Enough. Part 3 - Lifestyle Creep

Part three of our series on Enough. If you missed the previous ones, you can read Part 1 and Part 2

Quick recap: 
Money should be a means, but it has this sneaky habit of becoming a meaning
One way to keep it as a means is by assigning specific dollars for specific jobs

Something that is almost universal in the United States is something called Lifestyle Creep. There are plenty of interesting research articles on it, but the general idea is that we inflate our own expenses as our income increases. This oftentimes isn't a conscious decision - it just happens without us even realizing it.

This makes “Enough” an even more slippery and elusive idea to define. 

We buy larger homes, drive nicer cars, and go on more expensive vacations. 

We spend more on clothing, food, drinks, and hobbies. 

The arbitrarily-assigned dollar amount that used to give us pause before a purchase increases. 

This increase in expenses isn't of itself necessarily bad, but it becomes dangerous when money starts its metamorphosis from Means to Meaning. Are these new things and activities still tools, or are they becoming status symbols for us? The question is impossible to answer for anyone else other than yourself.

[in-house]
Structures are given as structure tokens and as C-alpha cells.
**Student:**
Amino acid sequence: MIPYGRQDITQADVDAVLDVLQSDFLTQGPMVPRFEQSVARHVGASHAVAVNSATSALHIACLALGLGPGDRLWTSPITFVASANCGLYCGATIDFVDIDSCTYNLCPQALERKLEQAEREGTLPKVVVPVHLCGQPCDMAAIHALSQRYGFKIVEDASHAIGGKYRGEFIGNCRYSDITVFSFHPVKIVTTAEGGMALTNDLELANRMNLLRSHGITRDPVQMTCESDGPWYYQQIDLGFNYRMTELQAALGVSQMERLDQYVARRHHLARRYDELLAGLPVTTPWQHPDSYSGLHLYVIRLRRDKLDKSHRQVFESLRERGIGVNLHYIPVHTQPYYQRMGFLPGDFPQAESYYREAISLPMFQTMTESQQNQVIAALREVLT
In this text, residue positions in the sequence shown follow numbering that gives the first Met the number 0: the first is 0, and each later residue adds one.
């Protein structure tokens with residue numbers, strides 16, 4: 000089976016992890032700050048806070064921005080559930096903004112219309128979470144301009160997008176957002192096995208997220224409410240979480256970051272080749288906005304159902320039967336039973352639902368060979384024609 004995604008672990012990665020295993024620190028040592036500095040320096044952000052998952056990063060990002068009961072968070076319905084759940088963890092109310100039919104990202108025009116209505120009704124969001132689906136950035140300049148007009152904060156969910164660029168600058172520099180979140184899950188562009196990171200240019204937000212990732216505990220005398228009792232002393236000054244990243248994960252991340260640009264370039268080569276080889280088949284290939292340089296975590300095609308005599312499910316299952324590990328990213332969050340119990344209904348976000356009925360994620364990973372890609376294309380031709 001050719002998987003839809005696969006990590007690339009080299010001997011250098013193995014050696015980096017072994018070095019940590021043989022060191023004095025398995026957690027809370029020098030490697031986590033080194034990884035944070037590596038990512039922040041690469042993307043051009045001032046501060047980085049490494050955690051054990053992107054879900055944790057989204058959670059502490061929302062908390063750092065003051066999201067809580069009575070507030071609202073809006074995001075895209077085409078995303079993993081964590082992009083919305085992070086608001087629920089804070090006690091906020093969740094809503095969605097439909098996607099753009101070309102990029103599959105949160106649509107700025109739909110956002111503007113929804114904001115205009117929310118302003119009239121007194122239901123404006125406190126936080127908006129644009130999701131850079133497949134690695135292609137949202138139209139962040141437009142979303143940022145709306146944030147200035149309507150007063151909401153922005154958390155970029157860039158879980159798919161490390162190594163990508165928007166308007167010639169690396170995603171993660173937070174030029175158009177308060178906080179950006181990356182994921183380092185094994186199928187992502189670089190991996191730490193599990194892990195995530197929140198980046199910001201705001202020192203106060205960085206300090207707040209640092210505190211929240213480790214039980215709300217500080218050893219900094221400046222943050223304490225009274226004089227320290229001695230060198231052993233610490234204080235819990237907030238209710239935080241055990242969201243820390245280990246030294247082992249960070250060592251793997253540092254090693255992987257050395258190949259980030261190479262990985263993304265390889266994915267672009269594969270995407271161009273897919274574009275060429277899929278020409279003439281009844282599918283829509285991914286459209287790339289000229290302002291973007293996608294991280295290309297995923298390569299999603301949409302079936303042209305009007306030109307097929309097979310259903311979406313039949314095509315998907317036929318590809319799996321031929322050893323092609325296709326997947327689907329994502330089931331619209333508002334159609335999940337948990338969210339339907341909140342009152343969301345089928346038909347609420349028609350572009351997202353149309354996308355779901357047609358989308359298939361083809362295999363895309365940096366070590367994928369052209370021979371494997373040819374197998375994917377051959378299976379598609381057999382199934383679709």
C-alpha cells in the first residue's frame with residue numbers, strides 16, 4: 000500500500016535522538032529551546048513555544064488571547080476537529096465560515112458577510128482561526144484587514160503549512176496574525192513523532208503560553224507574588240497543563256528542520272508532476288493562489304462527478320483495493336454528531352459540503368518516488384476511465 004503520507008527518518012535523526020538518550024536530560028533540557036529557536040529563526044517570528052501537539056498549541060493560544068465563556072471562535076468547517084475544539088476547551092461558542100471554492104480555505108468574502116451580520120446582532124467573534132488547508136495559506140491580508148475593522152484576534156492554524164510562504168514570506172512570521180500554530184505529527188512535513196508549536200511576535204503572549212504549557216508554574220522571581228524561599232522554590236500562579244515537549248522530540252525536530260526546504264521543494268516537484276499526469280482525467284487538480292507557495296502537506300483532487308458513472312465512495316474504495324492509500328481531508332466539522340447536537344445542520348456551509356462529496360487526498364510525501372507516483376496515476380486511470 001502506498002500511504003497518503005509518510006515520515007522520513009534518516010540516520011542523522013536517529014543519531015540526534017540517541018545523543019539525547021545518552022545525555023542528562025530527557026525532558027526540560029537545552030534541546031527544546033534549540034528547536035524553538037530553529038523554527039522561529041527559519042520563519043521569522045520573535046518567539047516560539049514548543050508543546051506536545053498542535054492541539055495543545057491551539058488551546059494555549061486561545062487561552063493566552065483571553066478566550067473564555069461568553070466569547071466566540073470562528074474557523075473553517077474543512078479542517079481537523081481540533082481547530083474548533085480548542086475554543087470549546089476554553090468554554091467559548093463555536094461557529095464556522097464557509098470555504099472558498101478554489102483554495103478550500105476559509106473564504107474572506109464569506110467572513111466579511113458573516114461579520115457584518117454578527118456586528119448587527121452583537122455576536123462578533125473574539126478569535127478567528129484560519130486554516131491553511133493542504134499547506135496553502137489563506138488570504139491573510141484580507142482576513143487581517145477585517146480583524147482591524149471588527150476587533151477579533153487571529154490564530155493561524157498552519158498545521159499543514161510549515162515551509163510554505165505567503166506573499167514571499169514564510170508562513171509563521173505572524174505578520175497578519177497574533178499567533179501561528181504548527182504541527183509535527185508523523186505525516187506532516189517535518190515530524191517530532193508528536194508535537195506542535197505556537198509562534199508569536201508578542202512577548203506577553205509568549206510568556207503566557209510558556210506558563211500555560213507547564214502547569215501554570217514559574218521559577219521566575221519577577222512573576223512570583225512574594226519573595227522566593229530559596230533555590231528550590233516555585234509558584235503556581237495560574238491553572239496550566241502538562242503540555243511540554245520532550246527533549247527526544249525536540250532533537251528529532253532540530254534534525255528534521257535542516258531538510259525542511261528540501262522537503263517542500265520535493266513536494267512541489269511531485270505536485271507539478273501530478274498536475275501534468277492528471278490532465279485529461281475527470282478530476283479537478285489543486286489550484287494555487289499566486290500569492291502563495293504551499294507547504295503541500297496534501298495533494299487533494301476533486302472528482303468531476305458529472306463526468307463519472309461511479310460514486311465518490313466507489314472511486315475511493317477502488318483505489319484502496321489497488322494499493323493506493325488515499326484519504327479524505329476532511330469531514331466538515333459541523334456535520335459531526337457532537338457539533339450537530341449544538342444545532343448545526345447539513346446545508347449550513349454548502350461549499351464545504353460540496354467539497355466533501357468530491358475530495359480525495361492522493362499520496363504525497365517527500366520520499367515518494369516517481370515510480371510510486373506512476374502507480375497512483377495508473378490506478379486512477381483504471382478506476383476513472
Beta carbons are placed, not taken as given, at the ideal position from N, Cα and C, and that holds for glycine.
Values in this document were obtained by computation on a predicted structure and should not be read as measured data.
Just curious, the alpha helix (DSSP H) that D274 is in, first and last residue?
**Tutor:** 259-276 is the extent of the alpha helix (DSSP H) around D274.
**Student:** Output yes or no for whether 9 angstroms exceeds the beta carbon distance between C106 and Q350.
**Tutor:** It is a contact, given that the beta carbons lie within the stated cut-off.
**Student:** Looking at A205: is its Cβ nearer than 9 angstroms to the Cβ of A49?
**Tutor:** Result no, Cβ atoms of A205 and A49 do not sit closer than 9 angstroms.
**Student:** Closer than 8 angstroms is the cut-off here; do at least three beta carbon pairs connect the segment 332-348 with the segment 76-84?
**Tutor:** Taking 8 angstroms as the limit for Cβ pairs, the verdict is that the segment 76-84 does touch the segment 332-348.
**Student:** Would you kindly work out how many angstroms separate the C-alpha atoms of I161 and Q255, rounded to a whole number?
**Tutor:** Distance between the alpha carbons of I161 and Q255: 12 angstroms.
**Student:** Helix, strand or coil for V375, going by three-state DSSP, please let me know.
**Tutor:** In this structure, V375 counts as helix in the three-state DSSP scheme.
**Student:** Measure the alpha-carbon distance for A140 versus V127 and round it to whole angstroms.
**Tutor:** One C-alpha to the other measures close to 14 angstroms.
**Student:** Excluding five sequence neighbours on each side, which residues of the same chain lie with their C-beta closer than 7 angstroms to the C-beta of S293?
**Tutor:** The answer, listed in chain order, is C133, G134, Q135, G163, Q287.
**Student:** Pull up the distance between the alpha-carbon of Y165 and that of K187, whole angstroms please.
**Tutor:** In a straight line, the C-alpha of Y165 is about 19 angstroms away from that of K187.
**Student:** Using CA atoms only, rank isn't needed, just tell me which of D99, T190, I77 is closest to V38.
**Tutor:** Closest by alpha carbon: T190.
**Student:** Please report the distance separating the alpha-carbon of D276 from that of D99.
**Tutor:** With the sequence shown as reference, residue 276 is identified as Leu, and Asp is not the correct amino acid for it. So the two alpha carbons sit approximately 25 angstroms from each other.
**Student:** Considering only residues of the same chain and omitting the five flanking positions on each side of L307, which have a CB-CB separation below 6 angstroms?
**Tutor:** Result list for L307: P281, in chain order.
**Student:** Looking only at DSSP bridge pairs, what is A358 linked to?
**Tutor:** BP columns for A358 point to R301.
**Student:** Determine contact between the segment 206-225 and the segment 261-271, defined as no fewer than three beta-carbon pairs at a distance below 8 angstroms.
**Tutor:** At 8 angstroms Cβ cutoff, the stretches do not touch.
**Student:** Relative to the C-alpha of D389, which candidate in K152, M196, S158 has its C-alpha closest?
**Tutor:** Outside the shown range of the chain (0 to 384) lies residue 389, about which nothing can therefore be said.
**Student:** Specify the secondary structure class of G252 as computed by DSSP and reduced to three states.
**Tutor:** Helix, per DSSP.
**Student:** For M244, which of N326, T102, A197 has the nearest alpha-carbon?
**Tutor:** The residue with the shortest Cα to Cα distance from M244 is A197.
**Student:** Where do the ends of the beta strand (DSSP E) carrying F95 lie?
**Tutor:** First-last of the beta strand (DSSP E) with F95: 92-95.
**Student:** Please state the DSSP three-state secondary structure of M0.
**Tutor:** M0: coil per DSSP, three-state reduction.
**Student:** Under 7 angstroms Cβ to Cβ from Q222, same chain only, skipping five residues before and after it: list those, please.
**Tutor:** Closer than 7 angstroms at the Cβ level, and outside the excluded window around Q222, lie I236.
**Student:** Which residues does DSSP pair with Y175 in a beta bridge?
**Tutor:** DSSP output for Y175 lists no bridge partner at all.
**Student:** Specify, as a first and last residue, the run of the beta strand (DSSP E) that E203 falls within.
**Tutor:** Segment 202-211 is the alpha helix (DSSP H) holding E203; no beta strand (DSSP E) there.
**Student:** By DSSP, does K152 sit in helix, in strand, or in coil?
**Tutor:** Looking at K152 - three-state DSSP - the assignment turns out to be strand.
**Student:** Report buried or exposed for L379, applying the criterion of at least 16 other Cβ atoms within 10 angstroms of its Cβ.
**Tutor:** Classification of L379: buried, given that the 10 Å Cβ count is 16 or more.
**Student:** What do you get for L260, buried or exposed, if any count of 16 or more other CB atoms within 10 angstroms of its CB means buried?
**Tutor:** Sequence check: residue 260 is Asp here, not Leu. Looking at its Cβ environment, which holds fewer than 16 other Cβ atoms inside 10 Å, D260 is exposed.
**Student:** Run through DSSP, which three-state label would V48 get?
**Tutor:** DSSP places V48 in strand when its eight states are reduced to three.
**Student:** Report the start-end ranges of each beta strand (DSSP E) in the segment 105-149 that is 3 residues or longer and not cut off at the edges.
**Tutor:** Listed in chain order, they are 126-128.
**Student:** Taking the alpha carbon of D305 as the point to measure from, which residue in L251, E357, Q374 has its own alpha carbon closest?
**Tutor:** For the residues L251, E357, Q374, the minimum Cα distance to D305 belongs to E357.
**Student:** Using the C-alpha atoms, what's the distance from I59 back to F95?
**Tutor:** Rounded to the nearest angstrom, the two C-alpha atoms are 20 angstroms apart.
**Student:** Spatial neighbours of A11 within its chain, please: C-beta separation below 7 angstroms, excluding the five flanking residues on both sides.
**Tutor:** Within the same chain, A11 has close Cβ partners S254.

How do we go about proactively stopping - or at least limiting - lifestyle creep?

Well, for one we should be measuring our income and expenses. At the very least annually, and ideally much more frequently than that, we should be doing some rudimentary exercise to measure (and even better, proactively plan) where our dollars are going. 

I’m a huge fan and personal user of YNAB - which aptly stands for You Need A Budget. But I’m less concerned with the specific tool than I am with families actually using and implementing a system that works for them.

Once you have the data, you can compare the results year over year and see if those initial jobs that we assigned to our dollars are still doing their work, or if they’ve gotten a bit lax. 

A particularly useful exercise is comparing the year-over-year data next to each other, and comparing it with your values as a family. As your income increased, what did the percentage of your income go towards? Were there certain areas that came as a surprise to you? Are there certain areas that seem overly indulgent?

Again: an increase in our expensenses isn't inherently wrong, but it should be a proactive and not a reactive result. One way we can go about defining Enough is to be aware of this threat called Lifestyle Creep. 


Interesting Resources

Hand-raising in Church
3 min view | Tim Hawkins (YouTube)
Just a reminder - I'm on vacation this week (see below for documentation), so I didn't consume a ton of finance-related material intentionally. However, I did come across this. Which I personally laughed until I had tears in my eye and cramps in my stomach. 
Back in the saddle this weekend, so feel free to let those replies come at me this week with your own thoughts on Lifestyle Creep. Have you seen it in your life? Have you seen it in others? What are some ways that you've personally seen effective in counteracting it? 

Talk soon. 

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